The US. Pat. to Stewart, No. 2,584,24l, datedfFeb. 5, 1952, discloses a lumberpackage in which a foraminous sheet, such as tough paper, is covered over the package, and then'the package is sprayed with a plastic coating. This coating works through the apertures in the foraminous sheet to adhere the sprayed coating to the lumber. In this method of packaging the spraying is time-consuming because it is much akin to painting a surface; and moreover it is difficult to obtain an even coating. Also, since the bonding of the sprayed coating to the lumber is primarily through the apertures, a tight plastic covering over the entire package is not usually obtainable.
SUMMARY AND OBJECTS Summarizing the invention hereof, it overcomes the afore-described problems by utilizing shrinkable, substantially moisture-impervious plastic sheet film material which is shrunk tightly over a stack or pile of lumber to form an envelope which protects the lumber against weathering. interposed between the film and the lumber, at least over the top of the lumber stack,
and desirably the ends, or at least partially over the ends and partiallyoverthe sides,a layer of moisture absorbent material is provided, such as conventional paper toweli'ng. Moisture from the lumber rises to the shipment in the usual manner after it is produced at the mill. FIG. 1 illustrates a common form of stack of two by fours which are supported on runners (two by fours, not shown) extending crosswise thereof. Usually the stack is of parallelepiped shape bound in compressed state by conventional straps I. It has opposite sides 2 running the length of the grain of the lumber, and opposite ends 3. A layer 4 of moisture absorbent material is provided at least over the top of the stack, and desirably completely over ends 3 and partially down sides 2. An outer envelope of moisture impervious heat shrinkable plastic film 6 is heat shrunk tightly about the lumbeer with the moisture absorbent material 4 between the film and the lumber.
' Heat shrinkable film 6 is desirably a single sheet of sufiicient area, and is initially draped over the stack, completely over the top, and both ends and both sides, with moisture absorbent layer 4 under the film. It is then heat shrunk tightly against the stack. Before the heat shrinking, the sheet is folded to provide gussets at the top corners, as is indicated at 7.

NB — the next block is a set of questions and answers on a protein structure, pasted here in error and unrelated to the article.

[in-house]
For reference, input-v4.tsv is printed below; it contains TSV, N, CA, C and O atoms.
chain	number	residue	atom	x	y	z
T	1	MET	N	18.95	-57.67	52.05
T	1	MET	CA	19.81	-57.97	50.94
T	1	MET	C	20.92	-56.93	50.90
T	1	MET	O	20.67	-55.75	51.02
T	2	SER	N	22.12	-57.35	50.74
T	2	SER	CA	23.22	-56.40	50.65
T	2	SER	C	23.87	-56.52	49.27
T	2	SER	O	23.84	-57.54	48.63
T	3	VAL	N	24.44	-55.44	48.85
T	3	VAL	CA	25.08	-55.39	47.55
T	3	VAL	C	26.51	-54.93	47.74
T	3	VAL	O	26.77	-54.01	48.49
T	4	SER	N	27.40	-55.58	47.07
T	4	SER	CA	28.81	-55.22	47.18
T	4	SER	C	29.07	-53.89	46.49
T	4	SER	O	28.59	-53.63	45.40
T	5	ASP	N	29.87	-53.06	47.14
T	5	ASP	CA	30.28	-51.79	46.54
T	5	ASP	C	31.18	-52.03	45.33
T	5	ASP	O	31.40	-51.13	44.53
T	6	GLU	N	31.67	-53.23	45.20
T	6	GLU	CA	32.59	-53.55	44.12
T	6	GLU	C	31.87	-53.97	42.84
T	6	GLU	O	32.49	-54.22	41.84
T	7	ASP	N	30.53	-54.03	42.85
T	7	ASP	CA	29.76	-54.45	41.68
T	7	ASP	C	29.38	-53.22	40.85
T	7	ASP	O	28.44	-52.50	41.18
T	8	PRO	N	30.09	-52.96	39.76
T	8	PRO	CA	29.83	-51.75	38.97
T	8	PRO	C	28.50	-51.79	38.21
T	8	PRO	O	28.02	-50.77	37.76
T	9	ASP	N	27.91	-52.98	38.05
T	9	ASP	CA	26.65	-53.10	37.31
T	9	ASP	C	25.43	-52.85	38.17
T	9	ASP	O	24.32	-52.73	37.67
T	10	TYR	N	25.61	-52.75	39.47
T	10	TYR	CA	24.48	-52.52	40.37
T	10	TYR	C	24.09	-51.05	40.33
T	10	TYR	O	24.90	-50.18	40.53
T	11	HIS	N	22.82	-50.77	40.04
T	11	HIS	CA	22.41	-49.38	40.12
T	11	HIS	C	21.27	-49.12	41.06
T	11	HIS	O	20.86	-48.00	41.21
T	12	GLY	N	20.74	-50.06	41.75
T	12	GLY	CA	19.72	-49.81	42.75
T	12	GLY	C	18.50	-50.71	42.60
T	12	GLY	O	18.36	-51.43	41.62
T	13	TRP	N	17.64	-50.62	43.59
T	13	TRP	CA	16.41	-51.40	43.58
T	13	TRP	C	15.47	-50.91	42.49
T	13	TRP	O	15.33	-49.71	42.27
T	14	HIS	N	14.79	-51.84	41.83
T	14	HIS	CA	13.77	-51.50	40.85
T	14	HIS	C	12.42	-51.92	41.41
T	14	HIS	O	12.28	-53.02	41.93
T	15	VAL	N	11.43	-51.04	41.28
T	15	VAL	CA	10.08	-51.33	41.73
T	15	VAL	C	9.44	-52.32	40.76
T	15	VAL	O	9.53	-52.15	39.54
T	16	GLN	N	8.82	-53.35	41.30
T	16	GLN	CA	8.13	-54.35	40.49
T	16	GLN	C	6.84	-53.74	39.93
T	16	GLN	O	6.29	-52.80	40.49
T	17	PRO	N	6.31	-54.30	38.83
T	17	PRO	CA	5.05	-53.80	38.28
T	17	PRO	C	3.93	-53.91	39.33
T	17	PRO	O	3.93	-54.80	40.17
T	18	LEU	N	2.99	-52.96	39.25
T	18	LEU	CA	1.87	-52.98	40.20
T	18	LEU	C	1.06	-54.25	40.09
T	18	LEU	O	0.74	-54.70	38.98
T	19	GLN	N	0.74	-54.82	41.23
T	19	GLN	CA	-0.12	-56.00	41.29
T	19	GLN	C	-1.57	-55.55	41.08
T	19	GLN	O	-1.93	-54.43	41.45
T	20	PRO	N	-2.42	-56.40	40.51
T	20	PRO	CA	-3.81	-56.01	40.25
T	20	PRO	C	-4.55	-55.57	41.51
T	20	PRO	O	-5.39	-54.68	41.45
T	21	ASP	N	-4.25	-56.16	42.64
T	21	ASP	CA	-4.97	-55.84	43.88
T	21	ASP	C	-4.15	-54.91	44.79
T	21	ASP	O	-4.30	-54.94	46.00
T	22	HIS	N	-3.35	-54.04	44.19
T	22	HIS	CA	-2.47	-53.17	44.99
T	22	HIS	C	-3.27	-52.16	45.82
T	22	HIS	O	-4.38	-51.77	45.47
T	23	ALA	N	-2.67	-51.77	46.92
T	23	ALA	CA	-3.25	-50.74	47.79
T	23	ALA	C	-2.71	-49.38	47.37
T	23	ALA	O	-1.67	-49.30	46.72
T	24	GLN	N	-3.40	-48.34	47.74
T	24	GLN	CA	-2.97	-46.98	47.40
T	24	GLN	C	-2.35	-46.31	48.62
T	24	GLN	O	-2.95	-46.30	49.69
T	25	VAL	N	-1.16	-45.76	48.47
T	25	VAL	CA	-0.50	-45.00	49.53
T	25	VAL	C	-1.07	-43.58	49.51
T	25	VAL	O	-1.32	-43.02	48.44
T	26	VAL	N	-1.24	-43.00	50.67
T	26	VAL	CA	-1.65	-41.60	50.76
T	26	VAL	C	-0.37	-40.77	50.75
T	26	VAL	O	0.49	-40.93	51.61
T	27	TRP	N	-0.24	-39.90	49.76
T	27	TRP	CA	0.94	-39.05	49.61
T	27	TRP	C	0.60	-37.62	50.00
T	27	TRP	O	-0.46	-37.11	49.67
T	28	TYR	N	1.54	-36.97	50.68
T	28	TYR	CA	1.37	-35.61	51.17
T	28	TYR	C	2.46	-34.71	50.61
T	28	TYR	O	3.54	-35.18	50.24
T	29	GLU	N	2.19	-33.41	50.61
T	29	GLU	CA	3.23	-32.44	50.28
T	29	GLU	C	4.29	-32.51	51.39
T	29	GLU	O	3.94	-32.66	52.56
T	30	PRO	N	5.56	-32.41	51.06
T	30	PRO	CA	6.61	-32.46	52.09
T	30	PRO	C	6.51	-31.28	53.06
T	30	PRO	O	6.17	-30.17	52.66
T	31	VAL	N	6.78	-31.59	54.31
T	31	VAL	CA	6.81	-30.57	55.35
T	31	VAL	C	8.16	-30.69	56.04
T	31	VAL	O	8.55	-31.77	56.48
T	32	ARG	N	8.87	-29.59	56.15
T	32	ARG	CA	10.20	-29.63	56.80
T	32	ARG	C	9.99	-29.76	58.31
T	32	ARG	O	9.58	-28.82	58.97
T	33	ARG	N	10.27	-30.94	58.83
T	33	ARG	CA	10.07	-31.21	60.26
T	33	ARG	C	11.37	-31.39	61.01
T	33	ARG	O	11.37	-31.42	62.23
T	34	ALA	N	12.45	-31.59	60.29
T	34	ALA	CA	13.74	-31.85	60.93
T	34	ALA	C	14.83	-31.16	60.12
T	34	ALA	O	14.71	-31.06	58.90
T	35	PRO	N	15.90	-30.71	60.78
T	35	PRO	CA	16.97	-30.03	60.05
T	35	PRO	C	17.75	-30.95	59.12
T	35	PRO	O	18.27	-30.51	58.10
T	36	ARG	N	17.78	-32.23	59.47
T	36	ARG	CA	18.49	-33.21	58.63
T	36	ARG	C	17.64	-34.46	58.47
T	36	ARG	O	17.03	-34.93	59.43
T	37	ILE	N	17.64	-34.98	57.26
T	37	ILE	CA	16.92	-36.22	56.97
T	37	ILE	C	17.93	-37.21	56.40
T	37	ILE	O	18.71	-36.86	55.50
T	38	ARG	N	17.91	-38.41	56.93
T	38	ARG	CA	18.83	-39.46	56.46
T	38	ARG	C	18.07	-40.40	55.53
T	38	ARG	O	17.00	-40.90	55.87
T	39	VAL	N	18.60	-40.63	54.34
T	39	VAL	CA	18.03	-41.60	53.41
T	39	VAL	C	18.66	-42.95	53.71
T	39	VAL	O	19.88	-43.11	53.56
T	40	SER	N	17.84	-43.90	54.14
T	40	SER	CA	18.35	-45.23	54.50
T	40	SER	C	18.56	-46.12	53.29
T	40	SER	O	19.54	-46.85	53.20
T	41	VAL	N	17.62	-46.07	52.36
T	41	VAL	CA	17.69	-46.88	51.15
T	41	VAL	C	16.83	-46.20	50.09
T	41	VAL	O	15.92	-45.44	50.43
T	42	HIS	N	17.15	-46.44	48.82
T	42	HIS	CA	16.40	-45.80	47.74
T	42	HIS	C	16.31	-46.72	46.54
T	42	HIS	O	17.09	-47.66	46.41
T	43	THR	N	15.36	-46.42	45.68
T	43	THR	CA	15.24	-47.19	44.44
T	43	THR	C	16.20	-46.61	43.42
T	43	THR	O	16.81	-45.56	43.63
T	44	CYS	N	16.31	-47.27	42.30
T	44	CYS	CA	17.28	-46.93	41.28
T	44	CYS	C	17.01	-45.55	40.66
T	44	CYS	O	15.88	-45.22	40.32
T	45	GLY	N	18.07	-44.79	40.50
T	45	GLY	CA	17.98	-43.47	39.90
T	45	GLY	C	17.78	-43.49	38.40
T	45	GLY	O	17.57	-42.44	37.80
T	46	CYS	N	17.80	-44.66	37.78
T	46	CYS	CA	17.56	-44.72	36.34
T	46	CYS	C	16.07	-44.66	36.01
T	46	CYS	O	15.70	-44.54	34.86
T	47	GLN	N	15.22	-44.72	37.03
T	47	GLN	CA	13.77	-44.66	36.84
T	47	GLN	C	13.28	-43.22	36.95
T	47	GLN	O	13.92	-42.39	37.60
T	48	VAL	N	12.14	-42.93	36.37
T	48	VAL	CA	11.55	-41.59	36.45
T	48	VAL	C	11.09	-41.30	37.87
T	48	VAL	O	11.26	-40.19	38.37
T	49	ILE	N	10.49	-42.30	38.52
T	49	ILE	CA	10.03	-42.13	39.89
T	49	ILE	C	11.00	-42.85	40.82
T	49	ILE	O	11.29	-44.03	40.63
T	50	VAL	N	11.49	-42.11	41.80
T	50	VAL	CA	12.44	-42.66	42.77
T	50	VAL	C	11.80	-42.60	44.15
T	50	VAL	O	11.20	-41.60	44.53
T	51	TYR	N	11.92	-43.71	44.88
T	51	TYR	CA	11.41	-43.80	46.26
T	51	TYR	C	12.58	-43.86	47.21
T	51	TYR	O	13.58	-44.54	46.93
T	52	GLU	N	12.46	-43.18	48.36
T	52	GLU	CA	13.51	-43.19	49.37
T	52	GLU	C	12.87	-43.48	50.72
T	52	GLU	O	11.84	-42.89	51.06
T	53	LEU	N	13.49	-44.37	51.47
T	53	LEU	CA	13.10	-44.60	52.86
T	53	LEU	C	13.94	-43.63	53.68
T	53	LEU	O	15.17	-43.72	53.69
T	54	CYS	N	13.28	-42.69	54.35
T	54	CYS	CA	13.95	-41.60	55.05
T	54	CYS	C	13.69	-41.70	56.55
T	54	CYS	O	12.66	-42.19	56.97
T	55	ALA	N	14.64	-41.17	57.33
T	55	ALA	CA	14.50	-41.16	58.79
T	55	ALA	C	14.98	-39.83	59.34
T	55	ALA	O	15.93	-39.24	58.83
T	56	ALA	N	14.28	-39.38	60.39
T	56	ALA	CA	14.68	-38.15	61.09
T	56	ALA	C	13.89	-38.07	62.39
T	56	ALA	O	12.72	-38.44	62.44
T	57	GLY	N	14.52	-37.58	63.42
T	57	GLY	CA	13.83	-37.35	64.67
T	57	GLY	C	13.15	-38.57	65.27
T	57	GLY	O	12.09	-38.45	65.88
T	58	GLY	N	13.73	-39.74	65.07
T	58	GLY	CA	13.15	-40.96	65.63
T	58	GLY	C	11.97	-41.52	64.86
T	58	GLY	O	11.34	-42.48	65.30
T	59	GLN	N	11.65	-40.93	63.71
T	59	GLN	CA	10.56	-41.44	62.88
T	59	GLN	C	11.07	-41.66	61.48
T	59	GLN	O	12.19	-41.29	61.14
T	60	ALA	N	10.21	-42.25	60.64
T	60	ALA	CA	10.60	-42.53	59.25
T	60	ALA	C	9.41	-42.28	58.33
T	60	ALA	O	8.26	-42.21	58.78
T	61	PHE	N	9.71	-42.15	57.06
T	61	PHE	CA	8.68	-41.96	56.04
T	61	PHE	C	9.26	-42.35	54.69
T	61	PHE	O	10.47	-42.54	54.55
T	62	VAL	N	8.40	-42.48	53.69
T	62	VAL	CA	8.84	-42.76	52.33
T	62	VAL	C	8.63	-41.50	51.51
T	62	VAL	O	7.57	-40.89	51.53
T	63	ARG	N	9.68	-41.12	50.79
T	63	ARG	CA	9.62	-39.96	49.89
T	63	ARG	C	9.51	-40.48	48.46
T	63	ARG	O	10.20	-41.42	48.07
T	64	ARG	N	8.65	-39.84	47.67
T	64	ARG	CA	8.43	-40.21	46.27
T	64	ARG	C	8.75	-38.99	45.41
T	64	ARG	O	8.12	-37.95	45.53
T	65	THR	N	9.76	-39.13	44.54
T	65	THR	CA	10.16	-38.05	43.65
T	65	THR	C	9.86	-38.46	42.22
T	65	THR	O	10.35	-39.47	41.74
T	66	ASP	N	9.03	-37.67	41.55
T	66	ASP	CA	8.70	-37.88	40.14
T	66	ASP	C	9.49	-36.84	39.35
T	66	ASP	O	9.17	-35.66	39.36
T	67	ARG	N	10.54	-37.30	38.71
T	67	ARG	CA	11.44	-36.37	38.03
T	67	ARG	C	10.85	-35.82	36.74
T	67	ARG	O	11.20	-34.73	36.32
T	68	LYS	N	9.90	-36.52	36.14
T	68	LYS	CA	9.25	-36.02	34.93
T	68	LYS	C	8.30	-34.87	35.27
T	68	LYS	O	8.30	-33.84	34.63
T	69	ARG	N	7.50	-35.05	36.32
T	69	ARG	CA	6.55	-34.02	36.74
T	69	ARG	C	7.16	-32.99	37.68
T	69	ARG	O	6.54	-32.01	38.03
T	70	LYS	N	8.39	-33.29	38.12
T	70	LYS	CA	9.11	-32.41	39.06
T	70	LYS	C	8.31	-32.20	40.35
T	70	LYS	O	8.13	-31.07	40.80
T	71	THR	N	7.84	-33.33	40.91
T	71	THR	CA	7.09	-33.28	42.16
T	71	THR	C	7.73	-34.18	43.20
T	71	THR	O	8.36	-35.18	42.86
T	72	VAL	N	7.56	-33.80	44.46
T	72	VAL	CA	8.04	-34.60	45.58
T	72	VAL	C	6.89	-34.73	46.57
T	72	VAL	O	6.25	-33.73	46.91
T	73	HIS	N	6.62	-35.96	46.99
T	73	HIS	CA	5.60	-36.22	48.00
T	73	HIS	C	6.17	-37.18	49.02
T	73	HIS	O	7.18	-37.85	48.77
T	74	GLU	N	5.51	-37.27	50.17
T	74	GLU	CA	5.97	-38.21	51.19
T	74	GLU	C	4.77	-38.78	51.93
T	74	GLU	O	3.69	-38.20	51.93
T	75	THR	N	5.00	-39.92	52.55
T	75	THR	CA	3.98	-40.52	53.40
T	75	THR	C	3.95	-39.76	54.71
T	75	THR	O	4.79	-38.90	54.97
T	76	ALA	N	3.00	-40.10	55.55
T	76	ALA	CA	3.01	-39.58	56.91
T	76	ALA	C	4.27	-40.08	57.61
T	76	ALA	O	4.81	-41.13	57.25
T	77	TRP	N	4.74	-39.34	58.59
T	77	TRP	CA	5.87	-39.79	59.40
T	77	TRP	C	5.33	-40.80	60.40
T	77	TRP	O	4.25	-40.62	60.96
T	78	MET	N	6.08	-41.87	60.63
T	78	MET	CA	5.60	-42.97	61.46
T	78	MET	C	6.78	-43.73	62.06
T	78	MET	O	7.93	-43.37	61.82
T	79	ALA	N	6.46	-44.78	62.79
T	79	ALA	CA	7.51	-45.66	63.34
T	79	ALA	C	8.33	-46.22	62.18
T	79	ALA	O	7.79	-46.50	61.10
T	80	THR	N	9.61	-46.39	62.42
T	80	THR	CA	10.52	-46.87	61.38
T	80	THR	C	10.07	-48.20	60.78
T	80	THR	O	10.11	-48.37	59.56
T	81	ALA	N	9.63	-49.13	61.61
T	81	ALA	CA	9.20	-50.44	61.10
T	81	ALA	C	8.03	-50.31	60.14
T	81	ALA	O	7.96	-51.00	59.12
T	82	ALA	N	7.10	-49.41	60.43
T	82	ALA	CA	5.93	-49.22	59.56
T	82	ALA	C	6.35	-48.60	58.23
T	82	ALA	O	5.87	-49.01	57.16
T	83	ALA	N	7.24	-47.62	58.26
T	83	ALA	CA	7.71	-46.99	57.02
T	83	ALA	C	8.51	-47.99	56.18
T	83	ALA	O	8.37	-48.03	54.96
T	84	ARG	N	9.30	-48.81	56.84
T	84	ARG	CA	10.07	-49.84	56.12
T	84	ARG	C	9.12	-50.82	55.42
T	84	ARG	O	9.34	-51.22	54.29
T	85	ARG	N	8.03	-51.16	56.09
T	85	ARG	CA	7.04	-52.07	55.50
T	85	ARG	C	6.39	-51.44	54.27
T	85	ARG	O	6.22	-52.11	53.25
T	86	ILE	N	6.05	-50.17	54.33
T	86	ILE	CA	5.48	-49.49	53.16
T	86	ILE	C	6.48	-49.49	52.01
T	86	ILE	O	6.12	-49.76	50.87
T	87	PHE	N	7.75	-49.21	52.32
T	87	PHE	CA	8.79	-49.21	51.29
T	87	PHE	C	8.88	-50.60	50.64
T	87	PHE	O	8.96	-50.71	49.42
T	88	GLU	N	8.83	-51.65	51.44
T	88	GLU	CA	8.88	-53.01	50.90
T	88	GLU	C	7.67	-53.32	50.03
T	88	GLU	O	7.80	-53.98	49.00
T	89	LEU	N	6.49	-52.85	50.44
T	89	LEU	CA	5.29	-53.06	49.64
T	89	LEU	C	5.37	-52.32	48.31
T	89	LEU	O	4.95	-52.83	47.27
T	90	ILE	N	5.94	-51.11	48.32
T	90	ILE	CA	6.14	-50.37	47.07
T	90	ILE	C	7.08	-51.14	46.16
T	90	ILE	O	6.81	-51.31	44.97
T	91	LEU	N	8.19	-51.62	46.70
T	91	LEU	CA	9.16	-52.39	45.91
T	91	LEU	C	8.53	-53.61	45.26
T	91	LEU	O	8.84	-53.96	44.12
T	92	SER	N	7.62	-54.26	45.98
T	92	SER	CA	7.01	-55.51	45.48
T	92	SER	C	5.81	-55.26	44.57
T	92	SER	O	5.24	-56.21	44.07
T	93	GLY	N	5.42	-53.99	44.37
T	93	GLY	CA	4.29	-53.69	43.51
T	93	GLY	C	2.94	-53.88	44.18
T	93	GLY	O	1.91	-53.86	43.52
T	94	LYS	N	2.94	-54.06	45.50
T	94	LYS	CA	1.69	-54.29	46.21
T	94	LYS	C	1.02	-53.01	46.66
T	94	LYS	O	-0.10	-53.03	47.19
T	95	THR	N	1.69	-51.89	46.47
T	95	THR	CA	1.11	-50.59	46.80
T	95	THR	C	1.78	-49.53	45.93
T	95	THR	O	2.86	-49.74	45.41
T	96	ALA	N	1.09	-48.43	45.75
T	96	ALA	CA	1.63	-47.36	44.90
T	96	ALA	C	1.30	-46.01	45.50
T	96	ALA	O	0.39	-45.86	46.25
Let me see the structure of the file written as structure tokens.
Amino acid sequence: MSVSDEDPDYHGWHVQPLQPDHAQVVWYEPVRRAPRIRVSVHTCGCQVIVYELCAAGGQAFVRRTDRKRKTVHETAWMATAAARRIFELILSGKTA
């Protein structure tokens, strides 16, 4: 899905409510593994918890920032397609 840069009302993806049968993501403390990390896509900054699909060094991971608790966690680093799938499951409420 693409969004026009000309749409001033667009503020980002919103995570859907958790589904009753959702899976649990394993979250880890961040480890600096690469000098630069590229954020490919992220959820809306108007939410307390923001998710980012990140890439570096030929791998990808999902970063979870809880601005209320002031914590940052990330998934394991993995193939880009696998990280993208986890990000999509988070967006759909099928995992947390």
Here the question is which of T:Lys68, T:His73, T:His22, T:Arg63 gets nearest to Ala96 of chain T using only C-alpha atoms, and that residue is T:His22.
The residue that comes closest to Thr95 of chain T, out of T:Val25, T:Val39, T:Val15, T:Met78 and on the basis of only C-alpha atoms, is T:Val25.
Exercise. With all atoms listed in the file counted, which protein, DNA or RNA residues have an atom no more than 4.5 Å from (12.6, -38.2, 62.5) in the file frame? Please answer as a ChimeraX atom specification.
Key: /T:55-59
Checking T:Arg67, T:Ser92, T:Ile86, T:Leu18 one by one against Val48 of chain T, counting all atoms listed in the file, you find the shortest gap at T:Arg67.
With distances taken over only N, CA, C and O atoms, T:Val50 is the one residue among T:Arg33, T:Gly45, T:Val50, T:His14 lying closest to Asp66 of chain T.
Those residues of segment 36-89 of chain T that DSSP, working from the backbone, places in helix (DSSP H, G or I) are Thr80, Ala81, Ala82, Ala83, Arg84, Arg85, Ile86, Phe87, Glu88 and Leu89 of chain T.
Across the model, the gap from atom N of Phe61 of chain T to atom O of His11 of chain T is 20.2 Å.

Moisture from entrapped air and inherently present in the lumber cannot condense into droplets as it vaporizes because it is completely absorbed by moisture absorbent layer 4 which serves as a blotter to maintain the package dry and free of moisture which would otherwise cause molding and staining of the lumber. In this connection, the absorbent layer could be applied completely only over the top because moisture vapor rises, and will be absorbed at the top. However, because the grain is exposed at the ends of the lumber, it is desirable to cover completely the ends 3 with moisture absorbent layer 4 to insure against mold formation; and to insure moisture absorption at the top, sides 2 are at least partially covered by the moisture absorbent layer adjacent the top, as shown by the overlap in FIG. 1. Also, ends 3 may be similarly partially covered instead of completely covered by moisture absorbent layer 4.
Film 6 is of such size that when it is shrunk tightly over the lumber, a slight lap 8 is provided over the bottom edges of the stack. In the heat shrinking, the overlapped bottom portions 8 automatically curl up against the bottom of the stack. Any suitable, flexible, heat shrinkable, moisture impervious film material of wellknown types may be employed. Shrink films commonly available are low density polyethylene, oriented polypropylene, polyvinyl chloride polyvinyldene chloride and oriented polystryene. Advantageously, the film is of the biaxial shrinkable type so that it will shrink substantially equally in two directions extending transversely with respect to each other.
The preferred film is low density polyethylene of the blown type, and the film found most suitable is one which has at least 40 to 50 percent shrinkage in each direction so as to effect as tight and even gripping of the lumber as possible. The thickness of the film is desirably at least about 4 mils for adequate strength, and preferably between about 5 to 8 mils, although the maximum thickness is not particularly critical as long as the film will shrink and tightly adherein the package. Films of excessive thickness, such as 10-12 mils, increase cost, and are therefore uneconomical.
Any suitable moisture absorbent material may be employed, desirably flexible cellulosic sheet material, which will serve as a blotter to absorb moisture vapor from the lumber to thereby preclude formation of water droplets which 'would otherwise deposit onto the wood. Material found most suitable is conventional creped paper toweling commonly employed in washrooms, of about 12 to 14 pounds per ream basis weight.